August 2, 2013, 10:30 a.m., Rio Hotel & Casino.
The iPhone in my purse is off. So is the laptop I left in the car. You can’t be too careful. This is DEF CON, after all.
I’m at the infamous annual hacker conference for a story about casino security for Las Vegas Weekly, and so far I’ve learned not to use the Wi-Fi, definitely not to log onto anything with a weird name and that undercover feds don’t give high fives to kids with cardboard signs asking them to do just that. The tin foil-covered cowboy hat I saw pass by was cute, but it’s powerless against the types roaming these halls, competing in hackersports and listening to talks on femtocells, infiltrating open government systems and, of course, robots.
I’m looking for my next interview when I spot a kid in glasses sitting on a bench. Naturally, I hover over him and wait an awkward 30 seconds before I start talking.
Me: Hi, my name’s Sarah and I’m working on a story for a local magazine. Could I ask you a few questions?
Kid: Uh, I’m not really comfortable with that.
Me: It’s okay, I don’t have to use your name. It’s just about how a casino like Rio deals with security when a conference like DEF CON is here.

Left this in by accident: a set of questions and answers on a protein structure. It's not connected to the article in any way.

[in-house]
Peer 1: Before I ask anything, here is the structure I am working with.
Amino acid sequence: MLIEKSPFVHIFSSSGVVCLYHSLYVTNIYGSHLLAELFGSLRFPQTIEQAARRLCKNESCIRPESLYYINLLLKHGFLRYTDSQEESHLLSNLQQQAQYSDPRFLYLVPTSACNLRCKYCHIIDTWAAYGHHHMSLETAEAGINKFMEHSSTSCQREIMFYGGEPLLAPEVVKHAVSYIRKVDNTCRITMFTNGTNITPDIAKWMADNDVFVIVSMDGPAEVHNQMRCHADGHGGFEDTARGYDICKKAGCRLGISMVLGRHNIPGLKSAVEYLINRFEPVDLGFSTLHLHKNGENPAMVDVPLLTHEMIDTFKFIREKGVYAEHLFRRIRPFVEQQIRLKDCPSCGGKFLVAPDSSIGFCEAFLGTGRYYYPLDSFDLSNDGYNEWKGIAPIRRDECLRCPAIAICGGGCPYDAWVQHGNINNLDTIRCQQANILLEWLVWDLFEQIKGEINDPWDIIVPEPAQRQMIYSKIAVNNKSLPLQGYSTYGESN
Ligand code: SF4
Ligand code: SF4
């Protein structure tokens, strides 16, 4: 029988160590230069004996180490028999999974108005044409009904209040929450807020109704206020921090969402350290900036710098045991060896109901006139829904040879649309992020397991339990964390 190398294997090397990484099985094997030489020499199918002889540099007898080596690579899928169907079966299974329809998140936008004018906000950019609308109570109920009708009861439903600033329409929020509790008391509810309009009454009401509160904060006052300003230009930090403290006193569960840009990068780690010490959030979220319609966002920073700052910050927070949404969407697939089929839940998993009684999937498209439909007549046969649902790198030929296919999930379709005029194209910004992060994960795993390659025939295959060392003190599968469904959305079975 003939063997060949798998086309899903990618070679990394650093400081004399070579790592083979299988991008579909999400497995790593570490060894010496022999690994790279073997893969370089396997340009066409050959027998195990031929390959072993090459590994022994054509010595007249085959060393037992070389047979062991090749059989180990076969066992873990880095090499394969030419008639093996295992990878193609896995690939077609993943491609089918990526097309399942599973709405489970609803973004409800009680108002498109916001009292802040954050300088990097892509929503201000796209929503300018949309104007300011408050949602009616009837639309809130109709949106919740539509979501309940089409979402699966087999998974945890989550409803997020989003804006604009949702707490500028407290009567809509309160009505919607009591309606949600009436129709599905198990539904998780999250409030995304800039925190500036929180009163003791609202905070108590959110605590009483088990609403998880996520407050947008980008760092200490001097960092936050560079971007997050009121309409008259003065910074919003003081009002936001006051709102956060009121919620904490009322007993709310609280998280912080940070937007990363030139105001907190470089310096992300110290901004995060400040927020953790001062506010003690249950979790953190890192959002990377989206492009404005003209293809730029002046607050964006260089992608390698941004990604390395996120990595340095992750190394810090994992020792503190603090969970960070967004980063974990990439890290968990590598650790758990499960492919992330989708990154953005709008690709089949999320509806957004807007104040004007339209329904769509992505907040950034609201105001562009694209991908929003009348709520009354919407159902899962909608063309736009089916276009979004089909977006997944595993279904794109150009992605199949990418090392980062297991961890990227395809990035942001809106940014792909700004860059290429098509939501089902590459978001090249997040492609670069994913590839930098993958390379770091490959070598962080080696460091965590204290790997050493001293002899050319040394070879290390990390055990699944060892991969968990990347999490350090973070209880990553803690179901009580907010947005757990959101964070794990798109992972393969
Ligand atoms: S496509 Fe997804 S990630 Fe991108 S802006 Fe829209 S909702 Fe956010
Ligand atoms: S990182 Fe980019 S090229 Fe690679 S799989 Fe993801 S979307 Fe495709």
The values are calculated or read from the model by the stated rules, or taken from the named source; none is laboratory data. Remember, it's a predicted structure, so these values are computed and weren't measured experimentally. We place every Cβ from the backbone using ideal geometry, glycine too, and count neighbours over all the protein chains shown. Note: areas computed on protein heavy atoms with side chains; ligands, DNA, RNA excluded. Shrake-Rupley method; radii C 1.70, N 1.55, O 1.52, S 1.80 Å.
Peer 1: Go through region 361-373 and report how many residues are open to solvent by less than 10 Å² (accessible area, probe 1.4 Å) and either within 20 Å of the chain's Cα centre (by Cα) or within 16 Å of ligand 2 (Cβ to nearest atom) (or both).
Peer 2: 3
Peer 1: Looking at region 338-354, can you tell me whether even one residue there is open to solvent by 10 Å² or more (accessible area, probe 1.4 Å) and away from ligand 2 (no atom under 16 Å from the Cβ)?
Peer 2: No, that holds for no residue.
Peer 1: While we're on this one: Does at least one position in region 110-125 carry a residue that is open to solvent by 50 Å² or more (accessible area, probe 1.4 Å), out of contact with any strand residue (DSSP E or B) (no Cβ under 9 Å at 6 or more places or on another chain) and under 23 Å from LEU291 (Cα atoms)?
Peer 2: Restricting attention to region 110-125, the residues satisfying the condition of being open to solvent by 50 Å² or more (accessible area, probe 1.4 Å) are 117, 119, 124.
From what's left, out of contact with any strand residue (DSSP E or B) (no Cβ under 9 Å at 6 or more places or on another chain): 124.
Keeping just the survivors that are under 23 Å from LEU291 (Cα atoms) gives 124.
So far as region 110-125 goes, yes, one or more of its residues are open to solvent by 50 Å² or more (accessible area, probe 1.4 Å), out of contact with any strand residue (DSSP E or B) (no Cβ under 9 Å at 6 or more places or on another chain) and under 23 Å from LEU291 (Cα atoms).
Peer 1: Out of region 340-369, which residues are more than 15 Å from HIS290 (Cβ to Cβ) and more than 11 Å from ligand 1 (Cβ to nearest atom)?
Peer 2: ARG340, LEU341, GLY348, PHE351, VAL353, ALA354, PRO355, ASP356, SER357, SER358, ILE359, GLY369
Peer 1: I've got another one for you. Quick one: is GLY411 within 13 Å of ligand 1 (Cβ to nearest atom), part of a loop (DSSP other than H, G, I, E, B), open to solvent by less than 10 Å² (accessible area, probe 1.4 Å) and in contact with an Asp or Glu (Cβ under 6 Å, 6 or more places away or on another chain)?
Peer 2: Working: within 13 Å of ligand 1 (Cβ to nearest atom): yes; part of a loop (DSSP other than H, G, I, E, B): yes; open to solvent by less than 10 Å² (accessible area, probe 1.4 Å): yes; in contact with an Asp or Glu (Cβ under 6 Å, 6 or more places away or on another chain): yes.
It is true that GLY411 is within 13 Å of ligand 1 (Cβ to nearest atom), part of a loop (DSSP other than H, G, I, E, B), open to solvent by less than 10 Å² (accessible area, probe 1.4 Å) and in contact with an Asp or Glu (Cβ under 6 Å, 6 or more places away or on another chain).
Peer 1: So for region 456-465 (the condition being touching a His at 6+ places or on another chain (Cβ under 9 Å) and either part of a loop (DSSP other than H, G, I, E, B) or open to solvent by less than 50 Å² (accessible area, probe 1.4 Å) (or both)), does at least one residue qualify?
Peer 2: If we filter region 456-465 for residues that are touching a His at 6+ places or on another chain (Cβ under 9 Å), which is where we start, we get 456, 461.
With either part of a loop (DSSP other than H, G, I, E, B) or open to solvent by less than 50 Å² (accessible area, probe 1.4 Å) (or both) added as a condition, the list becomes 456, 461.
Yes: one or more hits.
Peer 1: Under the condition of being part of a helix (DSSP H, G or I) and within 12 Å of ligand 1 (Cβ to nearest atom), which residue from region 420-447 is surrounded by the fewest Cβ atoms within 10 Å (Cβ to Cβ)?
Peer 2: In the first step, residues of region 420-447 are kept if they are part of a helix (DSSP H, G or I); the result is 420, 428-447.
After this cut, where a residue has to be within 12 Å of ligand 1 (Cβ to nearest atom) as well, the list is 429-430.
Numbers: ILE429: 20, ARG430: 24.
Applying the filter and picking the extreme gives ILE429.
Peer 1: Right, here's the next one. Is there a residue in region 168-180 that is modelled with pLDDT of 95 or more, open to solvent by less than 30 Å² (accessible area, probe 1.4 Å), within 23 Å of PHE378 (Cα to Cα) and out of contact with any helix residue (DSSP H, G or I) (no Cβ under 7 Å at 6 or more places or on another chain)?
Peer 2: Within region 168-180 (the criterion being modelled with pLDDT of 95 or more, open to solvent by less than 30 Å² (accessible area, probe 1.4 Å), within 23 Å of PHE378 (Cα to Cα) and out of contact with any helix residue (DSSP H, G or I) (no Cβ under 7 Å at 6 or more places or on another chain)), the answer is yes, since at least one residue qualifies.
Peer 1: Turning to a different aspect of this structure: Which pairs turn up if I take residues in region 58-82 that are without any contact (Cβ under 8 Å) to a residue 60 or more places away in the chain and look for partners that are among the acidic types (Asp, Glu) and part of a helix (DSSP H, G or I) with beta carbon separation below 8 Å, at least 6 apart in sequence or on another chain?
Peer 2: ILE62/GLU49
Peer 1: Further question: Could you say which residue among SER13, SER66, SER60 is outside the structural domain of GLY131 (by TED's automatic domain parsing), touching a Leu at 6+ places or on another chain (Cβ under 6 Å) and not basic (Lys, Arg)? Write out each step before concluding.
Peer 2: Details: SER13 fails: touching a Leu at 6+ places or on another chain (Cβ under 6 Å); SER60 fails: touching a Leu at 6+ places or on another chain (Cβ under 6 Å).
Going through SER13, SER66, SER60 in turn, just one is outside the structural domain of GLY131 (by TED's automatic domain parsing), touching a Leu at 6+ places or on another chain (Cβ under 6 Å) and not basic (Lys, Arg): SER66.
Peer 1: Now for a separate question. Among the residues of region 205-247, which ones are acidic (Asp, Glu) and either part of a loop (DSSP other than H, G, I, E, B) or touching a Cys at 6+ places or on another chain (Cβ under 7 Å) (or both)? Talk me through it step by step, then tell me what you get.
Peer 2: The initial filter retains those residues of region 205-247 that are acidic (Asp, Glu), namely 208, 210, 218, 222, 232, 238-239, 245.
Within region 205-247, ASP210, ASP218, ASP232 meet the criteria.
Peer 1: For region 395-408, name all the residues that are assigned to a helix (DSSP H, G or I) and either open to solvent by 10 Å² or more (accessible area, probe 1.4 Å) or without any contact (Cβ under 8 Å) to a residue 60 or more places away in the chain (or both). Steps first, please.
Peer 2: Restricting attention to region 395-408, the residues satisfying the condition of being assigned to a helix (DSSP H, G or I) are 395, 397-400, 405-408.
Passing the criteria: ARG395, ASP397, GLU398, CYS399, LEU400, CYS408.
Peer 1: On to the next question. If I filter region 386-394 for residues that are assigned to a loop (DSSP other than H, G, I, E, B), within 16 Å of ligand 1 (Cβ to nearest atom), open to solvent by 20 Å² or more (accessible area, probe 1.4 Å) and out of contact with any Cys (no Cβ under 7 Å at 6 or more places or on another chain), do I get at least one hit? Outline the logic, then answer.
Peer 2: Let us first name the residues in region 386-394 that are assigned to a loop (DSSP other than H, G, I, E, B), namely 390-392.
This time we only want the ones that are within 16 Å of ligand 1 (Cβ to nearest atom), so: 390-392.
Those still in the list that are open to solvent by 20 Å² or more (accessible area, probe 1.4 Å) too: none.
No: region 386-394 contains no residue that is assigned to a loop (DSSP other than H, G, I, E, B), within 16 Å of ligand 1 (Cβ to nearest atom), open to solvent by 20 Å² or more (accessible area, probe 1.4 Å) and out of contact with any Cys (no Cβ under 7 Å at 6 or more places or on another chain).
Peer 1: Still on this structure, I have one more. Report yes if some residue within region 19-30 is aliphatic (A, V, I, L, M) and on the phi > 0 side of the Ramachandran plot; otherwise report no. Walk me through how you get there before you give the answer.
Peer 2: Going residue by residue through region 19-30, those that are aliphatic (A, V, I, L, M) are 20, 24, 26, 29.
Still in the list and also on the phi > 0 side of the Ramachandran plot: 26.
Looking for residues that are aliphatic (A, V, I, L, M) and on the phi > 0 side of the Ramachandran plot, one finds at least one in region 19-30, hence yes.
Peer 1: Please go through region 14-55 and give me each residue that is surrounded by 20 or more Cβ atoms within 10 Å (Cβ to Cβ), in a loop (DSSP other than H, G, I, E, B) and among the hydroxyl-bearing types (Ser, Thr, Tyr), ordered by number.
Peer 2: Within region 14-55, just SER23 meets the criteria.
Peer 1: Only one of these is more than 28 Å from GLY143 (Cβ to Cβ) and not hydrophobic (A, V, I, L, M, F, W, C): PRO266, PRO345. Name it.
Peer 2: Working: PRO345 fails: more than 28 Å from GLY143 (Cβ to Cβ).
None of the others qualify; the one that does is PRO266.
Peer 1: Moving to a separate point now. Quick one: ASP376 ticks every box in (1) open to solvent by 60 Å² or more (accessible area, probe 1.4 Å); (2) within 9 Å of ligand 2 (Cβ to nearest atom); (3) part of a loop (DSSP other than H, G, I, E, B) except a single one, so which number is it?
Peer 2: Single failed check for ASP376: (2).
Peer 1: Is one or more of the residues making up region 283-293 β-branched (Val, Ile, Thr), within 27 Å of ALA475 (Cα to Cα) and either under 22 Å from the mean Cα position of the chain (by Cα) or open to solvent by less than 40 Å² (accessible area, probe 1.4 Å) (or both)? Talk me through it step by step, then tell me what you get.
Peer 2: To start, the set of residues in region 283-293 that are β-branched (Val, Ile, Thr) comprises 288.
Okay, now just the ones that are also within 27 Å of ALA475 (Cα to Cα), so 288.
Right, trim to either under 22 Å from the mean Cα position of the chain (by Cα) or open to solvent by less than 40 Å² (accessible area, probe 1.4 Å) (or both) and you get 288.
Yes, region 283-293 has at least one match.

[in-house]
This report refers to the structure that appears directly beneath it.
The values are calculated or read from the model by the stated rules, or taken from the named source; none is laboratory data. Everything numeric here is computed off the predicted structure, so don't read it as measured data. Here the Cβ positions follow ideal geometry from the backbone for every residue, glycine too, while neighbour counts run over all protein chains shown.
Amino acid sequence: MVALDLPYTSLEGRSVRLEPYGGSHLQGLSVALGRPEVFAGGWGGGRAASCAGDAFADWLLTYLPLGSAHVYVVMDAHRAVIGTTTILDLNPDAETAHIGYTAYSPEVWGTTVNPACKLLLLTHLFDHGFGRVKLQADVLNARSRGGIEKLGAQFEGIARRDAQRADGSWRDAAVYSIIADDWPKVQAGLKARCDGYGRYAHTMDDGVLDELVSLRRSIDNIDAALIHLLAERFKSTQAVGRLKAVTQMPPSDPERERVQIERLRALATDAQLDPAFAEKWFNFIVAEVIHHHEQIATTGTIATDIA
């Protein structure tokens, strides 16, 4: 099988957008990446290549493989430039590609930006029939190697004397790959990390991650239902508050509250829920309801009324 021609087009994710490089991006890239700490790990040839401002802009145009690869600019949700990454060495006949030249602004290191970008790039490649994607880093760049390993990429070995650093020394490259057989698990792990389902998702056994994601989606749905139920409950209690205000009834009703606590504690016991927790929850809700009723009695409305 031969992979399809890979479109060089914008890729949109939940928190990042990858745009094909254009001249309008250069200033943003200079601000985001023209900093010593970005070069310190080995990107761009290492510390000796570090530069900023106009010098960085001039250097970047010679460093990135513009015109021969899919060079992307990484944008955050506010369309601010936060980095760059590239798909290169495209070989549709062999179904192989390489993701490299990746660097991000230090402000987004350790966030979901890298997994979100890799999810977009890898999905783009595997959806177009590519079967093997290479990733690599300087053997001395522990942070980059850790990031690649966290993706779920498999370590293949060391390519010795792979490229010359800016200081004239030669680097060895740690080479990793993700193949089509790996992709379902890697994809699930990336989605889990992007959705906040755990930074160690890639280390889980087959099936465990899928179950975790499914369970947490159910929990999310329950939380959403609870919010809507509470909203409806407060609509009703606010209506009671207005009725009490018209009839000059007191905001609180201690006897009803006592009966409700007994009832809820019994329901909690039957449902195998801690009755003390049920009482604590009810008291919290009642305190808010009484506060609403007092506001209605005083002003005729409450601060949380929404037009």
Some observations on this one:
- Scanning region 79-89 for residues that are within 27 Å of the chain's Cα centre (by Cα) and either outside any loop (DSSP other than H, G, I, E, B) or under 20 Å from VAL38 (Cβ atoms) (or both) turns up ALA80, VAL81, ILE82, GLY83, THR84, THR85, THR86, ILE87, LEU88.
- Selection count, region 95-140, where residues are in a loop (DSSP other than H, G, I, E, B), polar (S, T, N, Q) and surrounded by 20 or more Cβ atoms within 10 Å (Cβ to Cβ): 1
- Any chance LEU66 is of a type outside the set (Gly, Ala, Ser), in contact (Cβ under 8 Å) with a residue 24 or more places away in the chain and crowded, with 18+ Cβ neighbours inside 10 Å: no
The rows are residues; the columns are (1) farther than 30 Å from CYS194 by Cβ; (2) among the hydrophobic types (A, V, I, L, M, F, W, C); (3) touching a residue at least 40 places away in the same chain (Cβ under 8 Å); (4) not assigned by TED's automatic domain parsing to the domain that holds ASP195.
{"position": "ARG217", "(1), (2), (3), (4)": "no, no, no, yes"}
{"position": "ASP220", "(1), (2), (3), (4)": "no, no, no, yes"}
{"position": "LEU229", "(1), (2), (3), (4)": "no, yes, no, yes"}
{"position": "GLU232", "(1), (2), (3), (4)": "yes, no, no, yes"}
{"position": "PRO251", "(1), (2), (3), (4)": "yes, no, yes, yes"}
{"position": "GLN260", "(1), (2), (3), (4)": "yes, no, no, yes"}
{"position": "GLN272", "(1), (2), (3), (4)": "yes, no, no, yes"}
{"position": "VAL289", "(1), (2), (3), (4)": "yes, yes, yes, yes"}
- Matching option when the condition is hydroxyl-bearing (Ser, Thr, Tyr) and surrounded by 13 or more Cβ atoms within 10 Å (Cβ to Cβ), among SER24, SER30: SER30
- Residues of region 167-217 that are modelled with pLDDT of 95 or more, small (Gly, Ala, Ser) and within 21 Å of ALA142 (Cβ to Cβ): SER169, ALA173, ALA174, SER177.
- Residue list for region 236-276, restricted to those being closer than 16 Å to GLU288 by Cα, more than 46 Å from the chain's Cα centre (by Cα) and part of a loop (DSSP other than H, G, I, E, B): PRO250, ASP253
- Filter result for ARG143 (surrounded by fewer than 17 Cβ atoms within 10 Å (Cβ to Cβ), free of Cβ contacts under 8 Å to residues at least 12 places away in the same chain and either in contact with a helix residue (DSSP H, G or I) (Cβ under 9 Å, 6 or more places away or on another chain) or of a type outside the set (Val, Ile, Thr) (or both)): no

Kid: I’m not comfortable answering any questions.
I’ve already employed my perkiest voice and there are thousands of other people wearing the totally hackable DEF CON 21 badge that looks like a playing card, so I give up. Fine. Be uncomfortable! But the hallway is suddenly packed with attendees shuffling in the opposite direction of where I want to go. I’m stuck next to Uncomfortable Glasses Kid, and now I’m the one feeling uncomfortable. I stare into my notebook as if it contained some secret that I hadn’t just written. Finally, he speaks:
Kid: Excuse me, do you know what time it is?
He’s holding a smart phone in his hand, looking at it as he asks me. Out of instinct I check my wrist, but it’s bare. I’m about to reach for my phone, when I remember that it’s off. That’s right, I’m at a hacker conference, talking to a hacker who’s holding his own phone and is too uncomfortable to give me an anonymous interview.
Me: No, I don’t. I’m sorry.